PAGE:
Example: A B2B software company offering solutions to healthcare and education markets expands from the US into European markets, necessitating adjustments to their software to comply with localisation to suit various languages and business practices.

Sales Perspective: Build a sales force that includes local hires who understand the local business culture and tailor sales strategies to align with local market dynamics. When considering an international expansion, look for a suitable SDR partner to speed up local operations.

Average Deal Size: Potentially high, as international clients may have larger-scale needs, but also varies with local economic conditions and the ability to meet specific regional requirements.

Reason to Fail: Failure to adequately localise the product offering or to navigate the complexity of legal and cultural differences can hinder acceptance and growth.

Timeline to Completion: Navigating entry barriers, adapting products, and achieving a sustainable market position can take 2-5 years.

GTM for a Merger or Acquisition

Description: Articulating the newly combined value proposition to all stakeholders and customers.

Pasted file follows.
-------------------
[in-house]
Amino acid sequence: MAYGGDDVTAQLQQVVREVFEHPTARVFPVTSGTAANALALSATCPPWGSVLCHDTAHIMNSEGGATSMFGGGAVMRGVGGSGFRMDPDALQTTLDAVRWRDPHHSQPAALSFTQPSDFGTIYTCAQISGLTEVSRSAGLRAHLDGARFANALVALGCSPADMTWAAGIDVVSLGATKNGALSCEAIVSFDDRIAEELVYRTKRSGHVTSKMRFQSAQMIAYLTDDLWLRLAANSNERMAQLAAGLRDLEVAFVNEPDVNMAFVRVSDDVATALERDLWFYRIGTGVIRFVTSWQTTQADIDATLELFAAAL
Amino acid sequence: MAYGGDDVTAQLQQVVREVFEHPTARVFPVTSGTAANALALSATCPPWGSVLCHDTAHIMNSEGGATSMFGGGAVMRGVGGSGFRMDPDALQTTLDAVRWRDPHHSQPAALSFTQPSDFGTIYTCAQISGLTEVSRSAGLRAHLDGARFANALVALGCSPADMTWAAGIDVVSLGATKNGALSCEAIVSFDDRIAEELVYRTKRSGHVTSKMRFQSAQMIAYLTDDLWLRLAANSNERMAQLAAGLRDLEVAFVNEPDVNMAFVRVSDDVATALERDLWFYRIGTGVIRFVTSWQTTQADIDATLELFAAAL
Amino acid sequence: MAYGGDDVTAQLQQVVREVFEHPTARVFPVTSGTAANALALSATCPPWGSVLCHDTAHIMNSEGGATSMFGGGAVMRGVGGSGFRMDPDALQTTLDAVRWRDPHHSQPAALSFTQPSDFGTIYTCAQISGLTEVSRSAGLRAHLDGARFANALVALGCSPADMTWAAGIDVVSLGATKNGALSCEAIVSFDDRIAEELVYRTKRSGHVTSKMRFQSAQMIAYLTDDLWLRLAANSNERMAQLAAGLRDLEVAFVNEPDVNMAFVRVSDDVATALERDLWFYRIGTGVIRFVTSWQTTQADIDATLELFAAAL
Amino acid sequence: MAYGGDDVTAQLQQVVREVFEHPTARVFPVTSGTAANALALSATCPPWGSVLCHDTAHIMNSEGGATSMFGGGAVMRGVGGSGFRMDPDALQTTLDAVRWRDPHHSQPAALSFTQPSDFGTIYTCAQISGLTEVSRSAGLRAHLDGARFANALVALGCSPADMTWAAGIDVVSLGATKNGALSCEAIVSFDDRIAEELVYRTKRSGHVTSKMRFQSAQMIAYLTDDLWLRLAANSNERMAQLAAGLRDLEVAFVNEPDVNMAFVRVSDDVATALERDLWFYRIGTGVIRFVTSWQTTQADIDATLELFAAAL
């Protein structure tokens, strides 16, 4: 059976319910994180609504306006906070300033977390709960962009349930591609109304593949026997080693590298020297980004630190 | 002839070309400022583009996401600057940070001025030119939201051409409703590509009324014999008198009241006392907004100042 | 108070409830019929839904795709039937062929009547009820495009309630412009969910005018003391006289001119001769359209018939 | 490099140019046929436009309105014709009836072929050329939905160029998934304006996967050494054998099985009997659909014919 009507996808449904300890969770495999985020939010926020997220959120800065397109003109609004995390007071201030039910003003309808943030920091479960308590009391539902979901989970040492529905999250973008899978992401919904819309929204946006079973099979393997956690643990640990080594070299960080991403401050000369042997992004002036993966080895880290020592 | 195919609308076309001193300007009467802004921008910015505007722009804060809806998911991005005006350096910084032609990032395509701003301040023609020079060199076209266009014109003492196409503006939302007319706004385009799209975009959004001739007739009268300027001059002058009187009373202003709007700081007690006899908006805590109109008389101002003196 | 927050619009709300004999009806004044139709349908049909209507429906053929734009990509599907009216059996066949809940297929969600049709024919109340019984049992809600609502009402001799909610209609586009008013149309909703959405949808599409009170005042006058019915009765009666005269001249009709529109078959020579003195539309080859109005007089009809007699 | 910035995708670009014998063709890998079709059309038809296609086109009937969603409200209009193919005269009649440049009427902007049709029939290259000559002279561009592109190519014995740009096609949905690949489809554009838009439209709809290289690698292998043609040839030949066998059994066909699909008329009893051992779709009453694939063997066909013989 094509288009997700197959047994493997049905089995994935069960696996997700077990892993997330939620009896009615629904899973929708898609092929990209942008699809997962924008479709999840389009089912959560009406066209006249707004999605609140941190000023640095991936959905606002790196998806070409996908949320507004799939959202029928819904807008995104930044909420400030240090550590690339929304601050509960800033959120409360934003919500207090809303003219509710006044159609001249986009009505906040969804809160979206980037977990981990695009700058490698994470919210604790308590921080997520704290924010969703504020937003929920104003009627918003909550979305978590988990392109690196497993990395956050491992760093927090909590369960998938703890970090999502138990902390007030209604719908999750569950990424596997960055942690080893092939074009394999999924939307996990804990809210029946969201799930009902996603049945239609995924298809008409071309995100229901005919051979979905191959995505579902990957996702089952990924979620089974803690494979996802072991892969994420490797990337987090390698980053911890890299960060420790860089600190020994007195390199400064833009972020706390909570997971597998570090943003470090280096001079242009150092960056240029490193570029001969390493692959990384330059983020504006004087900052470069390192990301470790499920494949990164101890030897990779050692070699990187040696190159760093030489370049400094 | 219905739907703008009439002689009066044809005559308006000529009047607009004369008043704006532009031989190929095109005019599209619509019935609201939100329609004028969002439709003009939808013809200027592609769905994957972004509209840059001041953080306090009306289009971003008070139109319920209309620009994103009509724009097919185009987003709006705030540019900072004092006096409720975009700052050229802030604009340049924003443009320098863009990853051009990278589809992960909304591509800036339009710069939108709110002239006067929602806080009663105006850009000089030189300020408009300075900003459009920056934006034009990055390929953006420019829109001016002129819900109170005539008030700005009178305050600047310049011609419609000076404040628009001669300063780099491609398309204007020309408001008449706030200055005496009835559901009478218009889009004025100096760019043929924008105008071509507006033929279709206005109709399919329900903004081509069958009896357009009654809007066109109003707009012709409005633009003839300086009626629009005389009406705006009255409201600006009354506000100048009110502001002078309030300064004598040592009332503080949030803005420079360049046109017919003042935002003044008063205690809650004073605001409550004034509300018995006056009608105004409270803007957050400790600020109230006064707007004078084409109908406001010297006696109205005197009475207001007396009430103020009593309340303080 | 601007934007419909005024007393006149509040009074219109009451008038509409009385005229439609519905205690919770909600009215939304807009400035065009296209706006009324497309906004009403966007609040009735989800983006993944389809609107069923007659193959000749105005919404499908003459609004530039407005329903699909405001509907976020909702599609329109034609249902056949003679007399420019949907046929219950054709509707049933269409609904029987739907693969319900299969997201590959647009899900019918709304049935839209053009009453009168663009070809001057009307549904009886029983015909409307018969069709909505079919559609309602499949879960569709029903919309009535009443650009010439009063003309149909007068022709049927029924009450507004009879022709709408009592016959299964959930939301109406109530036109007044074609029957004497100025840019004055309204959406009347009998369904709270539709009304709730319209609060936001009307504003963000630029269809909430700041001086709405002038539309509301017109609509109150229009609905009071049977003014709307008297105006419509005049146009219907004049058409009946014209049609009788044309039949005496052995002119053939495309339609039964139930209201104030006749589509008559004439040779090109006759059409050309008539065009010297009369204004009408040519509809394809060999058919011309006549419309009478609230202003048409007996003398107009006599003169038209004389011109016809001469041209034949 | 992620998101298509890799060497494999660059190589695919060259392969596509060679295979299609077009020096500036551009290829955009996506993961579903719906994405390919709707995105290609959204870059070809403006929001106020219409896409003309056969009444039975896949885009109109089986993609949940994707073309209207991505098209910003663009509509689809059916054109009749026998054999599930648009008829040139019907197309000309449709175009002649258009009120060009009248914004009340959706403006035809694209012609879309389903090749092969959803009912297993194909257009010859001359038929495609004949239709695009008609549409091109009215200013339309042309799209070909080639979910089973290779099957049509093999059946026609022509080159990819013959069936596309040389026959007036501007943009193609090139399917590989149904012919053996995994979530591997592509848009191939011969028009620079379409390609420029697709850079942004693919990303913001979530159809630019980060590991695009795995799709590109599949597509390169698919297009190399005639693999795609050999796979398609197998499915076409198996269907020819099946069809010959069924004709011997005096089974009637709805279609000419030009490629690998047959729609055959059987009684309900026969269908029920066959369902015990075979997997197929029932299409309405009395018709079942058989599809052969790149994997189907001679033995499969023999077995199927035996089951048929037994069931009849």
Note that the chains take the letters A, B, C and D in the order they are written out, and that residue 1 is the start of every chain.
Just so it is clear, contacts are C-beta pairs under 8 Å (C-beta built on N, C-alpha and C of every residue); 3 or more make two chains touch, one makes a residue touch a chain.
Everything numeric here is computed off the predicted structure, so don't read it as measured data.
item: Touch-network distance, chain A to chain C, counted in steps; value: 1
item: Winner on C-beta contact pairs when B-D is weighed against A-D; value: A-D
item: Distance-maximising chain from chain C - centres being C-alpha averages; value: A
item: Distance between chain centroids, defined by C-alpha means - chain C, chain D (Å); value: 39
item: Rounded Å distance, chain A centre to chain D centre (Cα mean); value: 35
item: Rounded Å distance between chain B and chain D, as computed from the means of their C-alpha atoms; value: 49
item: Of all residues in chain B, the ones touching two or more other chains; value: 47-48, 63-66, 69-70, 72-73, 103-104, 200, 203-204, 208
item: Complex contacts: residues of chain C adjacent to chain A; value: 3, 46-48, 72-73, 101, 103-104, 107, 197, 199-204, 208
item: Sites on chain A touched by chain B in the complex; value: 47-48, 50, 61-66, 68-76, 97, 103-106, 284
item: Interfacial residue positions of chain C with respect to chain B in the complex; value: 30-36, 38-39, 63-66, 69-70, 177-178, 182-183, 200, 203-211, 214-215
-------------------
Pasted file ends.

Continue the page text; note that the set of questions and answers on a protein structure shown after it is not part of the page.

Example: Two software firms merge, offering a complete enterprise solution stack.

Sales Perspective: Merge sales teams, ensuring they can offer a new range of solutions.

Average Deal Size: High potential as the new entity can cross-sell to an expanded customer base.

Reason to Fail: Cultural and change resistance can disrupt integration, requiring careful management.

Timeline to Completion: Integration of cultures, systems, and customer bases can take multiple years.

GTM for a Pivot in Business Model

Description: Keep stakeholders in the loop about the pivot's advantages and reasons so you maintain their trust.

Example: A traditional software vendor moves to a SaaS model, offering products by subscription.

Sales Perspective: Adjust sales strategies and incentives to reflect the new business model's objectives.

Average Deal Size: This may initially dip as customers adapt but can rise with strategic positioning.

Reason to Fail: Neglecting or not supporting current customers during the changeover.

Timeline to Completion: A complete pivot and market adjustment can take up to 12-24 months, depending on the deal size and contract length of the legacy offering.

GTM for Crowdfunded Products

Description: Maintaining active engagement with your crowdfunding backers to cultivate community and loyalty.

Example: A tech startup promotes a novel portable solar power bank via crowdfunding.

Sales Perspective: Leverage the crowdfunding community as brand advocates and initiate referral programs to transform backers into sales drivers.

Average Deal Size: Usually small initially but can expand with broader market acceptance and scaling.

Reason to Fail: Failing to keep backers engaged after the campaign can reduce advocacy and momentum.

Timeline to Completion: Crowdfunding duration plus an extra 3-9 months for market shift.